Focus Areas: Economic Opportunity, Education

The Jackson Center is a community-based advocacy organization serving historically African-American and low-income neighborhoods in Chapel Hill through public history, civic media, and community action. The center will host two VISTAs to support its work. The Community Organizing and Advocacy VISTA will support the development of Jackson Center programs that serve the housing and economic needs of local low-income residents. Key activities include the maintenance and expansion of service partnerships with university units (including the Communications Studies department), enhancement of community programs to serve housing needs, volunteer recruitment and coordination, database maintenance, and the development of new neighborhood advocacy networks to pair long-term residents with students and community advocates. The Education VISTA will strengthen ongoing partnerships with 6 area schools to implement “Learning Here and Now Across Generations” -- a curriculum aligned with NC course of study standards to focus on civil rights, oral history, and cross-generational education-- designed to engage and support learning of at-risk students. The VISTA will connect with university experts and develop a cadre of resident educators.

NC State University, Raleigh College Center (RCC)
Partner: NCSU, TRIO Program
Focus Area: Education

At NC State, the VISTA will be hosted by the TRIO Program, which is in the division of Academic Programs and Services, the lead office in the Raleigh Colleges and Community Collaborative (RCCC). The VISTA will work to support the continued development of the Raleigh College Center project, an effort to deliver post-secondary programs and resources at the community level. The VISTA will coordinate services and programs at the existing College Center site and seek to expand the model to other partner agencies. The VISTA will continue to catalog assets at RCCC partner campuses, conduct outreach and track participants, engage volunteers, and coordinate programs, with a view toward transitioning coordination of the center to other partners.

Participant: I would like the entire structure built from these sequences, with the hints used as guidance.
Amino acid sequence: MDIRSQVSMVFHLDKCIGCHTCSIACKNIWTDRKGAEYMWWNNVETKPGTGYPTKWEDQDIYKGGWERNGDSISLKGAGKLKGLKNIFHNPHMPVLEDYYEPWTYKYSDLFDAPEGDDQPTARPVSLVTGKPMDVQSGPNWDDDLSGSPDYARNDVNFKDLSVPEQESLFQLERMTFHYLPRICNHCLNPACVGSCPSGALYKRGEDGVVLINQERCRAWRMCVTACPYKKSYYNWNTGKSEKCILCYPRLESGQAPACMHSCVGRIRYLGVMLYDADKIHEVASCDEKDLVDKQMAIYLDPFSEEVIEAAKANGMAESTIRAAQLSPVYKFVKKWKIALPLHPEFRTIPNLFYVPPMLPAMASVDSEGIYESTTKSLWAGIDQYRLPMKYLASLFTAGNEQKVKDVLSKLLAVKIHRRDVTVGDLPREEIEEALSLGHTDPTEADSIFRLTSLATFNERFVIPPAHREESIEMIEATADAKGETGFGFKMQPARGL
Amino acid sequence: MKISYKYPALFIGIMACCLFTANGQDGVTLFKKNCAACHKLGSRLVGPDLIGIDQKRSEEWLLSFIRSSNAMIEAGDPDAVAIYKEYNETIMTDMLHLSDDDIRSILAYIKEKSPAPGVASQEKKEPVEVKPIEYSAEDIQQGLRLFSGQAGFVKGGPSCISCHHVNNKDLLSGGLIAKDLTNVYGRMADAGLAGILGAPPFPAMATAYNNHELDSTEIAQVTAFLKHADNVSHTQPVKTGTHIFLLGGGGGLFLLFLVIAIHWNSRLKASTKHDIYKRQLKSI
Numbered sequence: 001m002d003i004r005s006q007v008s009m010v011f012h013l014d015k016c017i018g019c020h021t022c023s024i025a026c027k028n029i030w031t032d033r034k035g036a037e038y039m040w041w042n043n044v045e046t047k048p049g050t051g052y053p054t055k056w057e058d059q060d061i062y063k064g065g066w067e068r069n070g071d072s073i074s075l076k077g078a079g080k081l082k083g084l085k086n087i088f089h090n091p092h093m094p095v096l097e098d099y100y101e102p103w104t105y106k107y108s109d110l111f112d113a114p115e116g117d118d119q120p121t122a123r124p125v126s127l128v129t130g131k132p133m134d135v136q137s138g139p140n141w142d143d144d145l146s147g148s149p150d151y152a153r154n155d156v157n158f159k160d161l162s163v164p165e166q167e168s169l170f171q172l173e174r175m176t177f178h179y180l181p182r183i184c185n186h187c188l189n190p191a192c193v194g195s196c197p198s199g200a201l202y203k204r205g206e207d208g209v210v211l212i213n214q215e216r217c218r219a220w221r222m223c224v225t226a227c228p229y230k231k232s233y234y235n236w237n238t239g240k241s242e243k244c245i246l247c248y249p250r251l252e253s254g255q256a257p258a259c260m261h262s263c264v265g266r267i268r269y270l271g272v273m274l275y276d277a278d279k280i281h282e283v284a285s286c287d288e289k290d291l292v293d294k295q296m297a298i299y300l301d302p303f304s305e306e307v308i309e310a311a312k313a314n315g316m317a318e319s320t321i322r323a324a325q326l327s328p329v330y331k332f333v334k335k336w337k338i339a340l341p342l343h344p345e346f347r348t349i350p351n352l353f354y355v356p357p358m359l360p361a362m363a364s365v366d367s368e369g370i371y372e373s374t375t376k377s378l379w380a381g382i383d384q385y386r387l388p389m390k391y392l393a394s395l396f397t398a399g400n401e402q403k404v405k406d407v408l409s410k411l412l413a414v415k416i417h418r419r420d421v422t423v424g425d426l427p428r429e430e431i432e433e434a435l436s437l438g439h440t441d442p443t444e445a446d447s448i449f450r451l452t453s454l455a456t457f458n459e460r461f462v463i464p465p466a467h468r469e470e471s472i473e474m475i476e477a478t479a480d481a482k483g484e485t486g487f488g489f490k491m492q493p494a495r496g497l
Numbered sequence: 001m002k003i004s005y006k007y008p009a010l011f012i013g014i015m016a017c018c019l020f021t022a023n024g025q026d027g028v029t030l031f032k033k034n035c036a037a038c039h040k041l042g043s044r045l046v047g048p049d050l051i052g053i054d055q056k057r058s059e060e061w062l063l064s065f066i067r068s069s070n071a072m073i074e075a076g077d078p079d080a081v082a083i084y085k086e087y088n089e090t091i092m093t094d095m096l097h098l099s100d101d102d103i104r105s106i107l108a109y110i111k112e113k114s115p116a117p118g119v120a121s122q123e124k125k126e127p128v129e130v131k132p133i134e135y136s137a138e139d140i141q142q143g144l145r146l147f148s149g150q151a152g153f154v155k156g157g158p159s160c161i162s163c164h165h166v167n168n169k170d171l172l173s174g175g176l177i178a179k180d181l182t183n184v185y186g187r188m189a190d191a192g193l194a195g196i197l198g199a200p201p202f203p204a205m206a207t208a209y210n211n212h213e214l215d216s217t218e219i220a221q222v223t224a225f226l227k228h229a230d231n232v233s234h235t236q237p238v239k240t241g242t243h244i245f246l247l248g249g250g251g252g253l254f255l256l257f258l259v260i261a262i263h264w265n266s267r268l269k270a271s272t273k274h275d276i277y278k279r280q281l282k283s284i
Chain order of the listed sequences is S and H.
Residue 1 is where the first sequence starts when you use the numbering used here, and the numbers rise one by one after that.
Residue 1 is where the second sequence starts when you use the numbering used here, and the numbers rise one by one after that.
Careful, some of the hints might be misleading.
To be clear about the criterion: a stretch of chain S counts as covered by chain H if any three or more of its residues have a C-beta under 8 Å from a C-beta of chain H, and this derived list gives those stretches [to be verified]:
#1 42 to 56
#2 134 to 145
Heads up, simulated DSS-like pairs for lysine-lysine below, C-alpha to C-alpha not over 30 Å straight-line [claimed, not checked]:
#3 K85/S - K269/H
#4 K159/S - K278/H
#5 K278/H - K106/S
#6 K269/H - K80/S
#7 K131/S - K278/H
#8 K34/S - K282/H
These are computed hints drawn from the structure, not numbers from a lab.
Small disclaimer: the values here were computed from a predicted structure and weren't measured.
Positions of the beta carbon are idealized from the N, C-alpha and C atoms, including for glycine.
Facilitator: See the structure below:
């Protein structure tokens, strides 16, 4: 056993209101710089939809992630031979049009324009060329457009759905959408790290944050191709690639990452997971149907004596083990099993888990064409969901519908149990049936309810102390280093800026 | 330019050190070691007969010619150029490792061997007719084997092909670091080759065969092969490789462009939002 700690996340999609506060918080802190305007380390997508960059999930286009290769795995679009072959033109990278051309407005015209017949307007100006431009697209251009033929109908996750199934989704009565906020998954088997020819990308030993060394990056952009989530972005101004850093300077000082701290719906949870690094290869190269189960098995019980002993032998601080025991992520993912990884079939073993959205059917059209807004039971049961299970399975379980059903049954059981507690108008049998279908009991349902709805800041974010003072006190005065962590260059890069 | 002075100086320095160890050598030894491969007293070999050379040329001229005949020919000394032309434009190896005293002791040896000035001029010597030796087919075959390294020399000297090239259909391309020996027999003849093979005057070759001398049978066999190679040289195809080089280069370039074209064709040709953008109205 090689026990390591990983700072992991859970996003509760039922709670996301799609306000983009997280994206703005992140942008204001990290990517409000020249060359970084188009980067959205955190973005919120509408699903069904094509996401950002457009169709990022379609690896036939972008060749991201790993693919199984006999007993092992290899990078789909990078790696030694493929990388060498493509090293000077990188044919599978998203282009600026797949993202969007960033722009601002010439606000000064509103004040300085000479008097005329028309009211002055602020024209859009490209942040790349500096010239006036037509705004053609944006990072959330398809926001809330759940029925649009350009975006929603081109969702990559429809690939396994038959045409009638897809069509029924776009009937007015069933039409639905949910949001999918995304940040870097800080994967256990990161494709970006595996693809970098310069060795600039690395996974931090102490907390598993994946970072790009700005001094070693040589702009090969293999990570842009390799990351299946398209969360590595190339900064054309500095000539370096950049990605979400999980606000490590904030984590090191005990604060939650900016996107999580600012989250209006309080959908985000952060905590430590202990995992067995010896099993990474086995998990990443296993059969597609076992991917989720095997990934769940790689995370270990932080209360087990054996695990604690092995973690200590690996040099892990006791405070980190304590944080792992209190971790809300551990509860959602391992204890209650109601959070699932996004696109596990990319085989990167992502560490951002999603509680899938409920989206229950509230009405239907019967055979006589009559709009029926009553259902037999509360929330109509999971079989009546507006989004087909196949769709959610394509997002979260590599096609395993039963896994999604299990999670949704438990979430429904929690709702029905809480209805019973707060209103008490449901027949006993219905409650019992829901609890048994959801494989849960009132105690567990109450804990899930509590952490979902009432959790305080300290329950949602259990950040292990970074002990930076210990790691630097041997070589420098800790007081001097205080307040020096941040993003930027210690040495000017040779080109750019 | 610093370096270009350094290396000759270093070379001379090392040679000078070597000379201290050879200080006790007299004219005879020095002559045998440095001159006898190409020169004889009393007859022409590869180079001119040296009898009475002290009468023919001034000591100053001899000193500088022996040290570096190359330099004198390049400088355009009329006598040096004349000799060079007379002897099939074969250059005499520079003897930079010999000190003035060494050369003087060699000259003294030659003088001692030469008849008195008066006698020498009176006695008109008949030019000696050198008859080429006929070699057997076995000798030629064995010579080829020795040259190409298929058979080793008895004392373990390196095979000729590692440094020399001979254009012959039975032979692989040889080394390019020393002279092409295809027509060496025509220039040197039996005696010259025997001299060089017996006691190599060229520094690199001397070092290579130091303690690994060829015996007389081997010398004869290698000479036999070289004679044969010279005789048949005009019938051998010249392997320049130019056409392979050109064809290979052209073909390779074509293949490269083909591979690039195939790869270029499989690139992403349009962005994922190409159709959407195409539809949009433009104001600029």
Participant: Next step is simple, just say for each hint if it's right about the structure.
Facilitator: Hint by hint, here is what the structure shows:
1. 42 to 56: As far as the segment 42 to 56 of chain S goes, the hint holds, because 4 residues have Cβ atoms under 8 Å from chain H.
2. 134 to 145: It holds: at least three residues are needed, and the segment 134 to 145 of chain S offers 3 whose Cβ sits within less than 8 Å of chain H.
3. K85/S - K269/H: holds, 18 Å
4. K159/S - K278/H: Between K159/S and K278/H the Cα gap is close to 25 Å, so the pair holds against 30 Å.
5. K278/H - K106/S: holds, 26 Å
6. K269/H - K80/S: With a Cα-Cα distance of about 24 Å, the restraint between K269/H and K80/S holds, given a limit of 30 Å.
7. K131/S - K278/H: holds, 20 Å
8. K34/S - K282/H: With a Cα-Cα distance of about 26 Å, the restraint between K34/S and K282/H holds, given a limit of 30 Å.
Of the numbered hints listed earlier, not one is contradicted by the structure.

UNC-Greensboro, Degrees Matter!
Partner: Community Foundation of Greater Greensboro             
Focus Area: Education

Degrees Matter! is a collaborative initiative working to find and assist the more than 67,000 residents of Guilford County who have some college but have yet to complete a degree or certification. Degrees Matter! is leading the effort to reach the community-wide goal of adding, by 2025, 40,000 new degree holders in the county. The VISTA placement will focus on outreach and partnership development by increasing connections to key constituencies and organizations, including childcare and early education providers, faith-based groups, and agencies providing services to low-income individuals. The VISTA will also develop outreach materials and volunteer training materials to better prepare partner organizations to address access to/completion of post-secondary education with clients. Finally, the VISTA will conduct community presentations and events, including supporting a statewide event focusing on the completion issue and best practices in supporting “comebackers.”

UNC-Greensboro, Office of Leadership and Service-Learning
Partner: Backpack Beginnings
Focus Area: Healthy Futures